They stopped fighting with each other and, in a show of unity, froze in place, their fists tight in each other’s fur, and stared me down. I closed the window slowly. Locked it, drew the shade and backed away. After calming Daughter and telling her, no, there was no reason for her to come sleep in my room, I heard another odd sound from outside. I peek and lo and behold… those little masked bandits were climbing up my drain pipe and onto the roof! Seconds later, there it was, that scratching and heavy footstep above my head – they’d gotten into my attic again! There had to be a hole in the roof, there had to be!
In the morning, hubby went onto the roof to find the hole and found that the grates over the tiny vents on all of our attached roofs were bent upward. He pushed them all down and back into place. Well… yesterday evening, he went back up and guess what? All the grates were bent up yet again. These furry buggers have been squeezing themselves through those small openings and setting up house among the insulation and crossbeams!
“So…” I said, “We have raccoons in the crawl space… don’t we.”
He wouldn’t look me in the eye. “Yes, dear.”
Not only did he have to acknowlege it to me, but he had to convince all the neighbors that this is indeed what’s been happening. It seems everyone in our row – about 10 families – have heard the noises at some point over the past few weeks. I guess no one could believe animals that large could get through openings that small. They’re all believers now.
Someone is coming this week to trap them before they have their kits. Yes… they’re pregnant. It’s mating season and their kits will be born in less than two months. These are the mama’s and they’re looking for safe, warm dens where they can have and keep their young. They’ll be trapped and relocated to a large, local park and then the vents on our roofs will be bolted into place.
Future squatters will have to find another place to live.
What an excellent week last week was for our shelter cats! We had three new adoptions! 😀 The best part is that of the three adoptions, two were of adult cats. ::sigh:: That makes me teary. Is so rare for the older cats to find homes. Like babies in an orphanage, kittens are more likely to be adopted and older cats are likely to spend their lives without a loving home.
This week, however, one very vocal adult male was adopted. He’d been adopted two years ago, but the adoptive parents felt he was too noisy and they brought him back. He was with us again for about four months, and I was worried he’d never have another chance. Well! A couple came in during the week, fell in love with him and his voice and took him home. I’m tearing up now… but from happiness for him.
The kitten was a tiny one. Only about two months old. He’ll be happy in his new home and has not yet developed the bad habits that sometimes get these little ones returned to us… like talking too much.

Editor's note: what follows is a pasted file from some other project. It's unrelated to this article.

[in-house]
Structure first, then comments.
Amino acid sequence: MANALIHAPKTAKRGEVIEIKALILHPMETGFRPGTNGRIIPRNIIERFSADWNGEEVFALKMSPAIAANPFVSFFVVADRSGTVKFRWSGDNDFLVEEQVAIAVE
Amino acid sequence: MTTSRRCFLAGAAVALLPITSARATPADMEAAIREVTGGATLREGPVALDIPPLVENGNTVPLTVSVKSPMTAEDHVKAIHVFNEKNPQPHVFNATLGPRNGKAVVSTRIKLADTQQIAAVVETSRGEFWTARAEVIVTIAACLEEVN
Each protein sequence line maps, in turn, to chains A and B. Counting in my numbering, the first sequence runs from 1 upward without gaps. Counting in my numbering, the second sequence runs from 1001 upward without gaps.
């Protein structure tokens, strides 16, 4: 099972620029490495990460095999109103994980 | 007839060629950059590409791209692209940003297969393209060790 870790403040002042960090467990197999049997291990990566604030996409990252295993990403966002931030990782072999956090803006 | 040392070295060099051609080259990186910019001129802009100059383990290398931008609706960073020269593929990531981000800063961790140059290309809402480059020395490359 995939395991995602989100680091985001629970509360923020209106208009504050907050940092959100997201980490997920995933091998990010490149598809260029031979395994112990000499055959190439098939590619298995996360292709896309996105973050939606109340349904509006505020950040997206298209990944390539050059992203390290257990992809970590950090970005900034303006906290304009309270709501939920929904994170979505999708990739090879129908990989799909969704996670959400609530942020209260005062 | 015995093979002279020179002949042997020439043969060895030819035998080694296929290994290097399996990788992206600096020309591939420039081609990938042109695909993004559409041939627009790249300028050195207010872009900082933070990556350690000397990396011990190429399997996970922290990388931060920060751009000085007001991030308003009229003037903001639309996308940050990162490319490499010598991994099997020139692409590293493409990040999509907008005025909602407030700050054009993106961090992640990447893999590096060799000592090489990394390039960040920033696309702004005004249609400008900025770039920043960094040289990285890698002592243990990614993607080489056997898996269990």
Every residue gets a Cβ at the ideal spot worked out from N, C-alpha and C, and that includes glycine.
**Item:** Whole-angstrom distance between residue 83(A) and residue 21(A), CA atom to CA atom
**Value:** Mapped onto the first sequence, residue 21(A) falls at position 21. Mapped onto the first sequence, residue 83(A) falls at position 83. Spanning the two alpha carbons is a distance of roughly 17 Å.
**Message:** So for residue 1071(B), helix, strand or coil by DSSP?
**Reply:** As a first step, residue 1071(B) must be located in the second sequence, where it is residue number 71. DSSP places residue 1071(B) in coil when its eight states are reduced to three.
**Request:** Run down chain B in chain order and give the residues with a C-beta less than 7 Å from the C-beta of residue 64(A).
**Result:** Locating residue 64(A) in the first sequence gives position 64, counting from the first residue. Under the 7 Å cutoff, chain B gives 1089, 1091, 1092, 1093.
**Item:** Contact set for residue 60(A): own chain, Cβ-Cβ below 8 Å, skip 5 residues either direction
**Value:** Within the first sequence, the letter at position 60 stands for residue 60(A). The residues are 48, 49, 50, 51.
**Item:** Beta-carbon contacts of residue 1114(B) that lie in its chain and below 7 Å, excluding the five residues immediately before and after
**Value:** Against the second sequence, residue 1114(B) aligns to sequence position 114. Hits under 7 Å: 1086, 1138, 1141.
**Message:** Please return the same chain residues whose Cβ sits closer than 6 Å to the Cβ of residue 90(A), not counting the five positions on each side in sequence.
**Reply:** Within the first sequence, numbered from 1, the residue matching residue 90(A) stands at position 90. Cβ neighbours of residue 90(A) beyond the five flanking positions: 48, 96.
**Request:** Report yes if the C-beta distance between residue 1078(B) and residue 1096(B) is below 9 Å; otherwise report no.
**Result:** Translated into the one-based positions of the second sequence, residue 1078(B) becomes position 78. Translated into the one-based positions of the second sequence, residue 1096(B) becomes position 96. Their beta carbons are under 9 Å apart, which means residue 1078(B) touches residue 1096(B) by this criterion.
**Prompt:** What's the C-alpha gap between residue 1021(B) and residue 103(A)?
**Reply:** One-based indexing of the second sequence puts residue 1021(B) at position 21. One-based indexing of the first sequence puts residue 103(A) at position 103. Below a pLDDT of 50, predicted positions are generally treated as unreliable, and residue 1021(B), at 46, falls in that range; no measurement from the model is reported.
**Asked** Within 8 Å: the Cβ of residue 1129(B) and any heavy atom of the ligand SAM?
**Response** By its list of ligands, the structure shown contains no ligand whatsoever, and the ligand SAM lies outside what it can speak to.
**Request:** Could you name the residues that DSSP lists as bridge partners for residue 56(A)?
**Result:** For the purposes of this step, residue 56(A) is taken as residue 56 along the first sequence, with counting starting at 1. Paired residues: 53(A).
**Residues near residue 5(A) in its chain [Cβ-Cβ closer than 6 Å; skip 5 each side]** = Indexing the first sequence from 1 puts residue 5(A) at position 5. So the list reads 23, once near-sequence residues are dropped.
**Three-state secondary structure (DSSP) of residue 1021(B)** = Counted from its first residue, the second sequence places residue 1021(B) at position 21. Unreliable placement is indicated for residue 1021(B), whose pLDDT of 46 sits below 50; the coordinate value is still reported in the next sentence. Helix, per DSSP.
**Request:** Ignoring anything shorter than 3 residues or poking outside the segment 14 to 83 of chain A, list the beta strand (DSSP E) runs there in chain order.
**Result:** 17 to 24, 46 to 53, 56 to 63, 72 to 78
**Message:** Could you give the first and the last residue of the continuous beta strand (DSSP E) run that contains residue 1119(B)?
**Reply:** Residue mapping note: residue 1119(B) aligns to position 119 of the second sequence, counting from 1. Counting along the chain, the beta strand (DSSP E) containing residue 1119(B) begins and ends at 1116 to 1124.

And finally, the greatest news is that Charlie has been adopted, too. Well… fostered. It’s a trial arrangement. If he and the foster parents are compatible, they’ll make it permanent. Charlie is a lover. Handsome, charming, and just a tad distant. On his terms, you can pet and cuddle him. On his terms, you’ll be sorry for doing so. Think, Mr. Darcy.
In case you’re wondering… Yes. The Charlie I’m speaking of is the same Charlie in the photo from my Whiskers on Kittens post. Isn’t he handsome?
For a few hours a week, my daughter and I volunteer at an animal shelter. It’s not funded by large donors and no one works there for pay. Although, as an animal lover, I’d have to say the pay is in the kisses and full body rubs these kitties often give. Of course, a couple of our shelter cats would sooner dice you like a cross shredder than rub against or kiss you, but they’ve had difficult lives, so we… give them their space.
There are so many different personalities among cats. Getting to know them all is like getting to know a whole group of people. They have different desires and different needs. In the end, however, they all just want the basics – security and love. Teddy is one of the tougher cats. Don’t pet Teddy. Don’t talk to Teddy. Come to think of it… don’t even LOOK at Teddy. 🙂 Actually, he’s just a big boy who wants to be left alone. Then there’s his polar opposite – Twister. He’s a big boy, too. Solid and heavy. But he’s got the squeakiest meow you’ll ever hear. His big size makes him appear intimidating, but manly Twister wants only to be held like a baby, with his paws resting on your shoulders, his head nestled into your neck, and your arms supporting his furry little butt.
I could go on and on about our beautiful shelter cats, and I probably will one day. But for today, I’ll let them speak for themselves… (check your volume, some videos have music)
If you’re interested, and how could you not be… 😉 …here’s a link to more short videos of these precious babies (including Twister!)…
When I first started volunteering there, I thought it would be sad. All those big, bright eyes looking into mine, hoping for a home. But you know what? They’re content. They play, eat, sleep and are safely indoors. The only thing they’re missing is a warm human to snuggle up to in the wee hours of the night and to nudge awake just before dawn. They each need a home of their own, but we give them all we can while they’re in the place they, temporarily, call home.
Check out more of these beauties…
Don’t forget to click the ‘back’ button so you can return to me and tell me what you think… and which cat or kitten you’d like to adopt! 🙂